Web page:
Radiography in Practice : Work and Learning in Medical Imaging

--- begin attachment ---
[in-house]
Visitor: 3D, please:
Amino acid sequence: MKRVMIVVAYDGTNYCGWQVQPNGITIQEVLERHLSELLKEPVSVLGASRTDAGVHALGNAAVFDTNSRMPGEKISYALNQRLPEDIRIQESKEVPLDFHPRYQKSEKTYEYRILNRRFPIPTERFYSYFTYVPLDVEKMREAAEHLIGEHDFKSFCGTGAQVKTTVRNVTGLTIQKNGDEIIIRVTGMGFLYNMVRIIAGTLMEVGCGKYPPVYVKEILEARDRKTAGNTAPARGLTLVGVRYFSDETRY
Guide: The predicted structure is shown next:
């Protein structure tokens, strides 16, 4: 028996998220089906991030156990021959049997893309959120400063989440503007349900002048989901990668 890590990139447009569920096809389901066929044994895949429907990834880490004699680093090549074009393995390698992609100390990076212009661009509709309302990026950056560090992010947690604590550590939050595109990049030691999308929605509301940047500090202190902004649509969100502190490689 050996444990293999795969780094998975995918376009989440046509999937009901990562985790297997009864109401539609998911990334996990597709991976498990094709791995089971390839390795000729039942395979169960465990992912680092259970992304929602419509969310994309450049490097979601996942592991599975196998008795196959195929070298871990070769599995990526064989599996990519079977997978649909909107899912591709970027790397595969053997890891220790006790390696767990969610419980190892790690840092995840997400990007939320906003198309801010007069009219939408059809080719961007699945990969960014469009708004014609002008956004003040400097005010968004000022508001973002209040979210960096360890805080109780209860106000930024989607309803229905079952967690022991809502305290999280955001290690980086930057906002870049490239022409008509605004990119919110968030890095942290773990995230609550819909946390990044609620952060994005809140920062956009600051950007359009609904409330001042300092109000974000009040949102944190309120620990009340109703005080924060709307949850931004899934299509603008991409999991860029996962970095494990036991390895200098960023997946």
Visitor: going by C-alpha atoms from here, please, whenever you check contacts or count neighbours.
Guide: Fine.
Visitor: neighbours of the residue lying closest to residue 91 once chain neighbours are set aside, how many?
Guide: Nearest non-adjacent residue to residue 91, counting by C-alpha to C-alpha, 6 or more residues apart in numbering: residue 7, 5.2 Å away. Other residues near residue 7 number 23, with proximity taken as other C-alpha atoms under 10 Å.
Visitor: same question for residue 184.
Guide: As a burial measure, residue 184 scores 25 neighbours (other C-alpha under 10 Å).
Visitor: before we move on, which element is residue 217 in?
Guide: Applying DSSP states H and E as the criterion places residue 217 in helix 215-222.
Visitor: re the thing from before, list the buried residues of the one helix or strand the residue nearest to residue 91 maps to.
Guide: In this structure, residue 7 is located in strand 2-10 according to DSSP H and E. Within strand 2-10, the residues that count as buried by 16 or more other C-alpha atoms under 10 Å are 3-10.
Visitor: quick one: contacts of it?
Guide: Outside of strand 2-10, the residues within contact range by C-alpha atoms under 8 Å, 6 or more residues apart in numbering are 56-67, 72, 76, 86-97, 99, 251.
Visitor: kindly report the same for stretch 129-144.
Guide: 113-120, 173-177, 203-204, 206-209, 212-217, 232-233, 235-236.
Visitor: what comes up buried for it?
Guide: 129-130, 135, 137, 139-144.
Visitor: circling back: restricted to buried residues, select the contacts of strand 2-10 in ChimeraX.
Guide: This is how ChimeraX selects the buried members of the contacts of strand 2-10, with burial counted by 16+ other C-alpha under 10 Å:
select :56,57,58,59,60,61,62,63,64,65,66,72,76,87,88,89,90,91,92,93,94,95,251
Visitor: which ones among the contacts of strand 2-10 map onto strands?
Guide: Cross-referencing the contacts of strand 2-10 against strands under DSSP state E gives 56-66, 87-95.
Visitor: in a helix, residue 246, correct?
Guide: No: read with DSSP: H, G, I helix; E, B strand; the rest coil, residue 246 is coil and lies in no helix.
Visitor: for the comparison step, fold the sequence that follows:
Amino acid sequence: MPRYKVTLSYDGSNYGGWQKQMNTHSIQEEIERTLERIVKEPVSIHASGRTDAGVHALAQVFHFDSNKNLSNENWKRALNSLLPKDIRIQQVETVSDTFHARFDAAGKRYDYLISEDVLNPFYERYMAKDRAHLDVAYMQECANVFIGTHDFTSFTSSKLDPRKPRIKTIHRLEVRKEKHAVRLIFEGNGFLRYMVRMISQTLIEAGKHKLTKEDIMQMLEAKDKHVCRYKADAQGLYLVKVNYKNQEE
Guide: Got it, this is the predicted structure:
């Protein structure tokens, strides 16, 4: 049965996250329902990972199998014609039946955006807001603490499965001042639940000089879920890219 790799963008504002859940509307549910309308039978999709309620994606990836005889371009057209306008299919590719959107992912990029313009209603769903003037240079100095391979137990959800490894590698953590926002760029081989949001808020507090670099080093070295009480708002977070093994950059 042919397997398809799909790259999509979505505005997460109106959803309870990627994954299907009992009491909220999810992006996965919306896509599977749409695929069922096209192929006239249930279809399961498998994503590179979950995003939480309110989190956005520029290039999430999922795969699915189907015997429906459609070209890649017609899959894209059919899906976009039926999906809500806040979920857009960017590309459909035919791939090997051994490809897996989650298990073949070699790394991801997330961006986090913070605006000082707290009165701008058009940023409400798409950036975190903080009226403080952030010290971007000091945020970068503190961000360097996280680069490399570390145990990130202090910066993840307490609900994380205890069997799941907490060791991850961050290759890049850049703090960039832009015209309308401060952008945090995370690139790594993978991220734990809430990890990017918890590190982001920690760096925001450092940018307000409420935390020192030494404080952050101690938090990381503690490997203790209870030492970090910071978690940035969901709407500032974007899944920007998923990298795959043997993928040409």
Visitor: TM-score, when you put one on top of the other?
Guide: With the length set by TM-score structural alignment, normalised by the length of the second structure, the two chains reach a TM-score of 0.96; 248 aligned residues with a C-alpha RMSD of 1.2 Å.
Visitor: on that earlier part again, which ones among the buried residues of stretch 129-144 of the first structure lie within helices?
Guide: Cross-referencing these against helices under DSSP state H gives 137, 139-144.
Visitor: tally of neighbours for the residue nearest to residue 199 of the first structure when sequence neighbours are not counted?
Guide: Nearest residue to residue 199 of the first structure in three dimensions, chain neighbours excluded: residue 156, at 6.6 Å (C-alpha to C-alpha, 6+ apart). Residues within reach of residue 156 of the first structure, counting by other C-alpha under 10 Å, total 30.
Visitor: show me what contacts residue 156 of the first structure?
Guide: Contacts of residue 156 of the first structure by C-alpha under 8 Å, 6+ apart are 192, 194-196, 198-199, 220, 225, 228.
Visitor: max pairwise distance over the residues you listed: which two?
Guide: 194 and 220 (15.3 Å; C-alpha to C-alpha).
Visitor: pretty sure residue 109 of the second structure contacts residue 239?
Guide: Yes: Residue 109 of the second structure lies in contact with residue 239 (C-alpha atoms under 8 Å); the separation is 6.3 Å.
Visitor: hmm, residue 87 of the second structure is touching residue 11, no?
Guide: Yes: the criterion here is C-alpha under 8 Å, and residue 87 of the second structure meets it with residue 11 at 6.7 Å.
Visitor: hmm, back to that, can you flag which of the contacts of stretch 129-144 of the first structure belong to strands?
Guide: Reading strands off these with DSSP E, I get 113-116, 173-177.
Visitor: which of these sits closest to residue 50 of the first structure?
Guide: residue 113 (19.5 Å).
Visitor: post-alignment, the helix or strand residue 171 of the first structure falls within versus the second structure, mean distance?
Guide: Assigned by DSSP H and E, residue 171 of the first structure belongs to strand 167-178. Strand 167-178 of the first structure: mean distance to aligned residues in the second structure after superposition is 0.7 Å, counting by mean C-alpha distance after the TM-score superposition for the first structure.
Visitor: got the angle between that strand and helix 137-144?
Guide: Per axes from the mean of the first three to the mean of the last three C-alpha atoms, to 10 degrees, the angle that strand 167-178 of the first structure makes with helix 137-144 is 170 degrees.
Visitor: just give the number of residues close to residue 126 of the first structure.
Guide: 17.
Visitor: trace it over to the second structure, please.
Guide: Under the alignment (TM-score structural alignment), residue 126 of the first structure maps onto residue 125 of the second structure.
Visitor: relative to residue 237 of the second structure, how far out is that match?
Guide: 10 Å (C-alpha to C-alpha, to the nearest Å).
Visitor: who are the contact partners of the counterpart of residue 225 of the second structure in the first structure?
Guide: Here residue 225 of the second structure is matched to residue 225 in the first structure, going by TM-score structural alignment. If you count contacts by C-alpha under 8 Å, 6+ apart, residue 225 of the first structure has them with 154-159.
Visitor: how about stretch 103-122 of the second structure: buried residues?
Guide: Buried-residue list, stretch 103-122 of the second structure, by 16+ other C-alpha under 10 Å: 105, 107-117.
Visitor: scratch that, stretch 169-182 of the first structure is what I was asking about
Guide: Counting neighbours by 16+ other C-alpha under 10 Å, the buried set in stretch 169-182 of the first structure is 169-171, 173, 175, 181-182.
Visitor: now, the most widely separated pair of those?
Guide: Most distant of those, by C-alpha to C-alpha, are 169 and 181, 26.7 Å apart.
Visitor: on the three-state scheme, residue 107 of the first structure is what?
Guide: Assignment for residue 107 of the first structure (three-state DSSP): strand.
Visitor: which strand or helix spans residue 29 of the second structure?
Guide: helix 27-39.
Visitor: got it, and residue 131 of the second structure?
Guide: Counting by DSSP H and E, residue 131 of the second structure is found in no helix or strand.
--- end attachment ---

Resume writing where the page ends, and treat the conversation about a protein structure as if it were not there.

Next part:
Abstract: Those following the profession of radiographer mainly work in the healthcare sector, with image production in medical imaging or with radiotherapy treatments. Radiographers are responsible for patient care and handling technology in this profession al field. Radiographers’ practice is interesting to study in relation to technical developments and changing conditions for performing professional work.The general aim of this thesis was to empirically explore the main features of radiographers’ work, how advances in tech n ology affect radiographers’ practice, interconnections with other practices and students learn in g in practice on the way to becoming professionals.Methods: Data was collected using interviews and observations (Papers I, II & IV). For Paper III, individual interviews were conducted. Data was analysed using a phenomenological interpretative method (Paper I) and practice theory perspective (Papers II–IV).Findings: Radiographers’ professional work with image production was seen as a process comprising three phases: planning the examination, producing the images, and evaluating the images. During this process, radiographers make judgements to ensure patient safety and adapt the technology in use to the individual patient. When conventional imaging techniques are converted into examinations performed by Computer Tomography, the planning phase of radiographers’ work process becomes more important. Technology improvements also mean that the technical aspects of radiographers’ work with image production are easier to foresee in scheduling examinations. The caring aspects however are difficult to plan for because of little information about the patient before the examination. The professional practices involved in medical imaging interconnect to ensure patient safety through materiality and common tasks and/ or projects. The content and quality of two artefacts, the referral and the image, in these interconnections are important in collaborative work to ensure patient safety within medical imaging. Radiography students learn professional knowing in practice i.e. practice-as-work, practice-as language and practice-as-morality, during their clinical placements through alternating between two modes of participation: either observing and listening or acting by themselves. The students developed knowing in practice if the other practitioners allowed them to alternate between these two modes of participation.Implications: The description of radiographers’ general tasks an d responsibilities in a work process can be used for both educational and professionalization purposes. The identified interconnections between involved professions are useful for quality improvement to secure patient safety. The findings about development of knowing in practice can be used in the planning and evaluation of clinical placements for students.
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